This is the on-ramp, the position where those without experience, gain experience. Once you get up to speed, more opportunities open. Training is usually on the job and you’ll become familiar with all the other jobs. From here, you can advance to supervisor or move into another position that’s a better fit.
General road construction. Install cones, signs and barricades that warn drivers and control the flow of traffic; act as flagger to stop or direct traffic; clear debris from the worksite; break up existing pavement with jackhammers; dig trenches; tie steel; place concrete forms; assist with pouring concrete or laying asphalt.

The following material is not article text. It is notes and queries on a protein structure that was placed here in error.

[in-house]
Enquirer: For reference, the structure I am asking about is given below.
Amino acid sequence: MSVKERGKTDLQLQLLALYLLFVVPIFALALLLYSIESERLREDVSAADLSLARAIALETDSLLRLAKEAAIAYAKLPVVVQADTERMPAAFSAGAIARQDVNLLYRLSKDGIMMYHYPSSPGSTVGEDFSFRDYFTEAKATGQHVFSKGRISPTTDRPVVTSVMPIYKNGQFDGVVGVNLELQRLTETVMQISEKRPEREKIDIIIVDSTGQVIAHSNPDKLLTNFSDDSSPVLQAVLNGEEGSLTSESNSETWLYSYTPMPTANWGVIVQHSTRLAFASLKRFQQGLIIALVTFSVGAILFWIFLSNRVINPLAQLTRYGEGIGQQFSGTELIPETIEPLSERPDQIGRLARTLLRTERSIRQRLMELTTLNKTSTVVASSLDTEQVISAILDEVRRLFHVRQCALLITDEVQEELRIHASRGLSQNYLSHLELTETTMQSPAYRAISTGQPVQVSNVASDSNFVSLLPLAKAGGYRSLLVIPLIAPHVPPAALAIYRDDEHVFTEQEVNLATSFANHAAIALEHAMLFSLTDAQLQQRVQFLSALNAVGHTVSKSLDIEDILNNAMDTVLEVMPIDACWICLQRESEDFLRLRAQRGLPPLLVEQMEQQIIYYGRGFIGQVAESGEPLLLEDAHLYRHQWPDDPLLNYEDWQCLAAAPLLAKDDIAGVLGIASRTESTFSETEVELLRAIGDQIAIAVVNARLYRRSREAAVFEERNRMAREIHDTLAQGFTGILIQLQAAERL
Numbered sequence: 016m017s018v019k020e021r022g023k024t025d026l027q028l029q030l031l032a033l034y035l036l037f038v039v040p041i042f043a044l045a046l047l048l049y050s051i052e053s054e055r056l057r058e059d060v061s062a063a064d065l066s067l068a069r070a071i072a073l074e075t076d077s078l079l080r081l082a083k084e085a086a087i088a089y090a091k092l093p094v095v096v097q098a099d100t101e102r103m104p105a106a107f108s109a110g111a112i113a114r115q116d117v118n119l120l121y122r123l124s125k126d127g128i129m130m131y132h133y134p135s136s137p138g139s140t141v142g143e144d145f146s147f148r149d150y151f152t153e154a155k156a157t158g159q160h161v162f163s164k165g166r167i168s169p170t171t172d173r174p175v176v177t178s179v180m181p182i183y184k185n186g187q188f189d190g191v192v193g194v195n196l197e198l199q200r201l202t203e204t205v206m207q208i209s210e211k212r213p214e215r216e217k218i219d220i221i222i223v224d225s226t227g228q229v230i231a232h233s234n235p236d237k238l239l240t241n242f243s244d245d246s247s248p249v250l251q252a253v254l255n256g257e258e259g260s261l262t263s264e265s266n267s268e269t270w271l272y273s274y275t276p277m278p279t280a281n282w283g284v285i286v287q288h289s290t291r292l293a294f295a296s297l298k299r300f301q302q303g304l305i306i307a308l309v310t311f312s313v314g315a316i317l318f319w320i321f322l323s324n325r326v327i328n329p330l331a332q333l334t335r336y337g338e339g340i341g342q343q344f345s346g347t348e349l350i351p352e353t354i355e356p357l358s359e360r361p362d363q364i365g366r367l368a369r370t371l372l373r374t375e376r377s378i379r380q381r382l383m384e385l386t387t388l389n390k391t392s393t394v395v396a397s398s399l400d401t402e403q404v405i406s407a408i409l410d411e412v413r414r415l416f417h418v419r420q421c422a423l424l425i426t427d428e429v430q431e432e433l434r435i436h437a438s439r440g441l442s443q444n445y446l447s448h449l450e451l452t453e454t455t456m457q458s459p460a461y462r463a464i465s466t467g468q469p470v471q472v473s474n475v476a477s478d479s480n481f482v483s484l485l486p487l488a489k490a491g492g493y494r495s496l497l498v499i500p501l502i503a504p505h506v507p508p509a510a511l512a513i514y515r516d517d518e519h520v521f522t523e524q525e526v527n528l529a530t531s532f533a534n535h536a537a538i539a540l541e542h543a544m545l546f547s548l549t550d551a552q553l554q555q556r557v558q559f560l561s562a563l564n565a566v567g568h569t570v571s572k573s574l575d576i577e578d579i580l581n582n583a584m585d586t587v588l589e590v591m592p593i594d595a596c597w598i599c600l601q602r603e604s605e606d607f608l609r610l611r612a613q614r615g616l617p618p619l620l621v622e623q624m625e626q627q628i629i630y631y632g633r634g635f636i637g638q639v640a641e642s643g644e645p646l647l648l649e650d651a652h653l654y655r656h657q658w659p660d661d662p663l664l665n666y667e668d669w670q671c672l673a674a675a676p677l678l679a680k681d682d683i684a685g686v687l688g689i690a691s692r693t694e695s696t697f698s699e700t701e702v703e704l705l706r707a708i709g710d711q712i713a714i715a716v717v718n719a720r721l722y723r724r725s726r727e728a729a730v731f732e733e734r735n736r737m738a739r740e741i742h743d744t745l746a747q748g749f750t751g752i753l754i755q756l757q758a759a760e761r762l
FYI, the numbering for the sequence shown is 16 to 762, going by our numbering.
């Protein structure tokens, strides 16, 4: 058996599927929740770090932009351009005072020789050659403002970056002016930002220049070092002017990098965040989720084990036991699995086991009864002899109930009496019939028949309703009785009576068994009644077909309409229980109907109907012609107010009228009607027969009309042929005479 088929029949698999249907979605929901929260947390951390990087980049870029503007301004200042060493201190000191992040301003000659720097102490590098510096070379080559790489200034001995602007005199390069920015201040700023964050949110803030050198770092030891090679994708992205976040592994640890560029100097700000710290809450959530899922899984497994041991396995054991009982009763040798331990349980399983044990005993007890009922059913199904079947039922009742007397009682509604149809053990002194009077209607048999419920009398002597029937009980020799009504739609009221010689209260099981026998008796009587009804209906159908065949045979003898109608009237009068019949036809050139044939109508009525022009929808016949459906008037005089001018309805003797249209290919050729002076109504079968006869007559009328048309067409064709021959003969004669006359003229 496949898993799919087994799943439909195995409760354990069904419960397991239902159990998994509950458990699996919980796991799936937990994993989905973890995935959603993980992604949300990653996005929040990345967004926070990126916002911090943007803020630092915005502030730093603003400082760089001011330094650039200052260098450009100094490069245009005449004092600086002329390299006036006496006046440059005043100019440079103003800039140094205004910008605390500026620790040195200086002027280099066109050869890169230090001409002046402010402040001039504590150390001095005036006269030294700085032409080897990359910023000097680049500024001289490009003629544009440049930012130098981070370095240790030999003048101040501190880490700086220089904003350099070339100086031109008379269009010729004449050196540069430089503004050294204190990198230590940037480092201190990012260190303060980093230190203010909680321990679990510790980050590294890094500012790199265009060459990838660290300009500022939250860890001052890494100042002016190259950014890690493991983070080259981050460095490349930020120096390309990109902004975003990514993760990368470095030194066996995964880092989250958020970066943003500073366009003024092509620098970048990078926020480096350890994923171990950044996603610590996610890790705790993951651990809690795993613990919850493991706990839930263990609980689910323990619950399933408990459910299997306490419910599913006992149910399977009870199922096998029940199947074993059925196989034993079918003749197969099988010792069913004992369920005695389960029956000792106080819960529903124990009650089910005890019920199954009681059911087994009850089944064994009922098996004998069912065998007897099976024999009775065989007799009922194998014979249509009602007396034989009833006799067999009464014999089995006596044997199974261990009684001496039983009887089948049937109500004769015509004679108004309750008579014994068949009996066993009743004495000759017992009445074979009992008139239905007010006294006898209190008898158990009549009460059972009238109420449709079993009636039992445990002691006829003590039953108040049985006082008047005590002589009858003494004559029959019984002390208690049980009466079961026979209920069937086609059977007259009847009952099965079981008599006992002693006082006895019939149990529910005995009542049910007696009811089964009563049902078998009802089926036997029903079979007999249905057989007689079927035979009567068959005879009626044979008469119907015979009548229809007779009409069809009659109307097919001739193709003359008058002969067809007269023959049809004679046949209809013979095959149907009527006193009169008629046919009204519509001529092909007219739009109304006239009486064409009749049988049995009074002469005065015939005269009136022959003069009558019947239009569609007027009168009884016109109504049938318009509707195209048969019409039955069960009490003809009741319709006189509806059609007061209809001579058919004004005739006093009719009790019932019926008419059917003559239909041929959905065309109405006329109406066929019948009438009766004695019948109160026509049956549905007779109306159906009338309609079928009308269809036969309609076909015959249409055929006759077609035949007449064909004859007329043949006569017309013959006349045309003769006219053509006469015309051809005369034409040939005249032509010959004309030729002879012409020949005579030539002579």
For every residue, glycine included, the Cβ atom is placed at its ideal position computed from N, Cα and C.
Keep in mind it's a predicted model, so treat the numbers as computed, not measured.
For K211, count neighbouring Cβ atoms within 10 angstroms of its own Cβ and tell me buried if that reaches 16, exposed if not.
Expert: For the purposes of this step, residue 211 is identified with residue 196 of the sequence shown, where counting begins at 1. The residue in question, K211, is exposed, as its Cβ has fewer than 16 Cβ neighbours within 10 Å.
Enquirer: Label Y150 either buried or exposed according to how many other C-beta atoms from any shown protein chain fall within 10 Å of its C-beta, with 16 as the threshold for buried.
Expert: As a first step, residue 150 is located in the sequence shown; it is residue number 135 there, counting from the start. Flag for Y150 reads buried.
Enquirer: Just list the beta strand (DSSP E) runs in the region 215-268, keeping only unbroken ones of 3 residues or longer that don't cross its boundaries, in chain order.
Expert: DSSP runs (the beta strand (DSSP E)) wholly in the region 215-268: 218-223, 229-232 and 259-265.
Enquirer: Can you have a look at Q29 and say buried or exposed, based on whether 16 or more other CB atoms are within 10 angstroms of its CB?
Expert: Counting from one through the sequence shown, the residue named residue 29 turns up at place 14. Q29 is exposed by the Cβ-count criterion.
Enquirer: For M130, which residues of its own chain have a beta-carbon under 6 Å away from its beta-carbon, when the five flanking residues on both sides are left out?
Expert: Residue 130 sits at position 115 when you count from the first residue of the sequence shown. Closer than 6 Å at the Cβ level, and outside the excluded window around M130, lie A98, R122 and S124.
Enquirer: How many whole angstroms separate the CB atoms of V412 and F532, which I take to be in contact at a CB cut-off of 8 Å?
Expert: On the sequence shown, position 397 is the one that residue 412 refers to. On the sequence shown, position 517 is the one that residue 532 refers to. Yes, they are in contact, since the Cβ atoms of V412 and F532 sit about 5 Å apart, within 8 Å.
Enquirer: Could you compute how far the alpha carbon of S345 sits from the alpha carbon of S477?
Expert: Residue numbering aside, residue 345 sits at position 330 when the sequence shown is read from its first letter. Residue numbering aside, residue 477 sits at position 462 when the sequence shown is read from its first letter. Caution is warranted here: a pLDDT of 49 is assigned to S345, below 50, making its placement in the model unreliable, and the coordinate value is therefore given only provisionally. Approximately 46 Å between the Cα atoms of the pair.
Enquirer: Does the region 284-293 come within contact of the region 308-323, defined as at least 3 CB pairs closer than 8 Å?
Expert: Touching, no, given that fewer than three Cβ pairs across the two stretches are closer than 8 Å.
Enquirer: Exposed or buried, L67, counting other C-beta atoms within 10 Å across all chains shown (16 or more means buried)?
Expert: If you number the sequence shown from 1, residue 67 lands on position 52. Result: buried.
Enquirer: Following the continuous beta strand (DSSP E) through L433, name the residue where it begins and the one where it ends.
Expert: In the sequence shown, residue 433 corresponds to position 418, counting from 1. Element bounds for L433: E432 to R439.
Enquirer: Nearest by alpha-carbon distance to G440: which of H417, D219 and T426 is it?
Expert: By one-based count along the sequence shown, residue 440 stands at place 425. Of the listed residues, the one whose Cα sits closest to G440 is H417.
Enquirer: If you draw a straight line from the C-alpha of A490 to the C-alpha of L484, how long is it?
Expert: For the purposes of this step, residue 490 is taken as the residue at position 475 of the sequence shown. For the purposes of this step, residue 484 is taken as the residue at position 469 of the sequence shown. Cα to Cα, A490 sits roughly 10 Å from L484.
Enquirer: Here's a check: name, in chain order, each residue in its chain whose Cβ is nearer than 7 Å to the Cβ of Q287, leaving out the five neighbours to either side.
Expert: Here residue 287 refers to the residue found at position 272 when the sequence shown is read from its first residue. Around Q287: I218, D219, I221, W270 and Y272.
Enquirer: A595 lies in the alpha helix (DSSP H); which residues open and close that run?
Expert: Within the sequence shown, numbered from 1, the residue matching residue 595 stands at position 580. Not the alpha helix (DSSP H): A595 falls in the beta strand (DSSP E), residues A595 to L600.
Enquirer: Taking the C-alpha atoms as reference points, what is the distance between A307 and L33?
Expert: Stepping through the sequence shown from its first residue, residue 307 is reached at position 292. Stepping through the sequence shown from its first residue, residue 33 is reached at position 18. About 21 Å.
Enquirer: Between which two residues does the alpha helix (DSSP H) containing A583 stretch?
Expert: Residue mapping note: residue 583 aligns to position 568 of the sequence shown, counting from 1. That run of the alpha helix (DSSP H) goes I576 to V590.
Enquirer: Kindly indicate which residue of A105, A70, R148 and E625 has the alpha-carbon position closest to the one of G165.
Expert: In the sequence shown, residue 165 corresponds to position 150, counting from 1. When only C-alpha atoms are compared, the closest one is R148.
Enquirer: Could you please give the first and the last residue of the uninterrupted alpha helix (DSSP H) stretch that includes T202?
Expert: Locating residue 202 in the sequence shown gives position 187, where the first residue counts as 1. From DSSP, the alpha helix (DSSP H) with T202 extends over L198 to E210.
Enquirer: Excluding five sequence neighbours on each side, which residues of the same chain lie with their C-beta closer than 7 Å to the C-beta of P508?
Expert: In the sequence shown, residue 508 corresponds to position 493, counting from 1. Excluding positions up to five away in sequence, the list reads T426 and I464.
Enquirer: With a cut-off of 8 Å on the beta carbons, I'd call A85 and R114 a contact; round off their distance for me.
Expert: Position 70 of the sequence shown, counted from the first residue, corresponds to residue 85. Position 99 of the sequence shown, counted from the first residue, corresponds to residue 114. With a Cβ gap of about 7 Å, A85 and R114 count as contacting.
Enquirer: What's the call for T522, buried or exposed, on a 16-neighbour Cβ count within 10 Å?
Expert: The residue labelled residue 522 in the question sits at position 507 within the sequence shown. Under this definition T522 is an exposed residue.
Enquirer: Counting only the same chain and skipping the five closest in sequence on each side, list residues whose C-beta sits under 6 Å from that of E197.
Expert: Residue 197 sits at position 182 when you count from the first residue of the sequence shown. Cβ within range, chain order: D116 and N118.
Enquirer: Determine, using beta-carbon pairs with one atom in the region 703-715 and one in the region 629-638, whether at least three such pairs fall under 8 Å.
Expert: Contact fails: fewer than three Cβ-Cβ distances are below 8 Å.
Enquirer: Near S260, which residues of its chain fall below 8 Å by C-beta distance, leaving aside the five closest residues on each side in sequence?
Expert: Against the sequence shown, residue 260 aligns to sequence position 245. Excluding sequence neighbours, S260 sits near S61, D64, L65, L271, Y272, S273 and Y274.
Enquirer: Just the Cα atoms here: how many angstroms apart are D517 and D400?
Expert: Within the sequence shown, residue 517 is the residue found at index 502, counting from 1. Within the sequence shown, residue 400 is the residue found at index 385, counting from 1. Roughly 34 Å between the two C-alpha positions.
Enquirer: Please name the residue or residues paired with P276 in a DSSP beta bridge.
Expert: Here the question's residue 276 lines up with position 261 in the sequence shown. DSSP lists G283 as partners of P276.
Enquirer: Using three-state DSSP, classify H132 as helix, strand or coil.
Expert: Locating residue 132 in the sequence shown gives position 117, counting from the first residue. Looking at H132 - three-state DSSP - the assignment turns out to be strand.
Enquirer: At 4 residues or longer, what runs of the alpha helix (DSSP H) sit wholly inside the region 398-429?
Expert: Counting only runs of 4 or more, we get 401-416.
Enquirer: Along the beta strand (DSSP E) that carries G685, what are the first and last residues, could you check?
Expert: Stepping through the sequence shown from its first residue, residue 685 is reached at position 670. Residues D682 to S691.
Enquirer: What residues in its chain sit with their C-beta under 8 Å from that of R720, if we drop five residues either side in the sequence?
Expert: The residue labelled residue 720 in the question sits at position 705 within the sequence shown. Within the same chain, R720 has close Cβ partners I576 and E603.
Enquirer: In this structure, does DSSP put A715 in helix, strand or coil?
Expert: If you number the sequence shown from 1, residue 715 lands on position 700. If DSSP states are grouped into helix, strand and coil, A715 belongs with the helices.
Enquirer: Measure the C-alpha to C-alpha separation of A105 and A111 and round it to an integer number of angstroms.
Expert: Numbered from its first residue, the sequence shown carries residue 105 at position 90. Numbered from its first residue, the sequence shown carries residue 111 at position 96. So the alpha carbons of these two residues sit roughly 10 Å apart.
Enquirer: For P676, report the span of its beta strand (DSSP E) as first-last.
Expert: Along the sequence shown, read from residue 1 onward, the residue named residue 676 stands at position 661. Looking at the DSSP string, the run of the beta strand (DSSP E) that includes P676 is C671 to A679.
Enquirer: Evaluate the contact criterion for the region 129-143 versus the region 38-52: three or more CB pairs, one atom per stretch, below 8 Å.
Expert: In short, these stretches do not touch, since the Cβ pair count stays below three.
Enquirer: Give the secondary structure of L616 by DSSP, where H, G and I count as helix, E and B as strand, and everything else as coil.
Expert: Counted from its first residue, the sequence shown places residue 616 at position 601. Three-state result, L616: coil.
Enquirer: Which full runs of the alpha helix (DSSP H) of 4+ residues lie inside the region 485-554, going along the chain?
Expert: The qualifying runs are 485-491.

Work is outside at highway construction sites, in all kinds of weather. The normal workweek is 40 hours (eight hours a day for five days). However, some projects may require night, weekend, holiday work and overtime.
Training is mostly on the job.
According to the Bureau of Labor Statistics the annual mean wage nationwide (2014) is $40,910.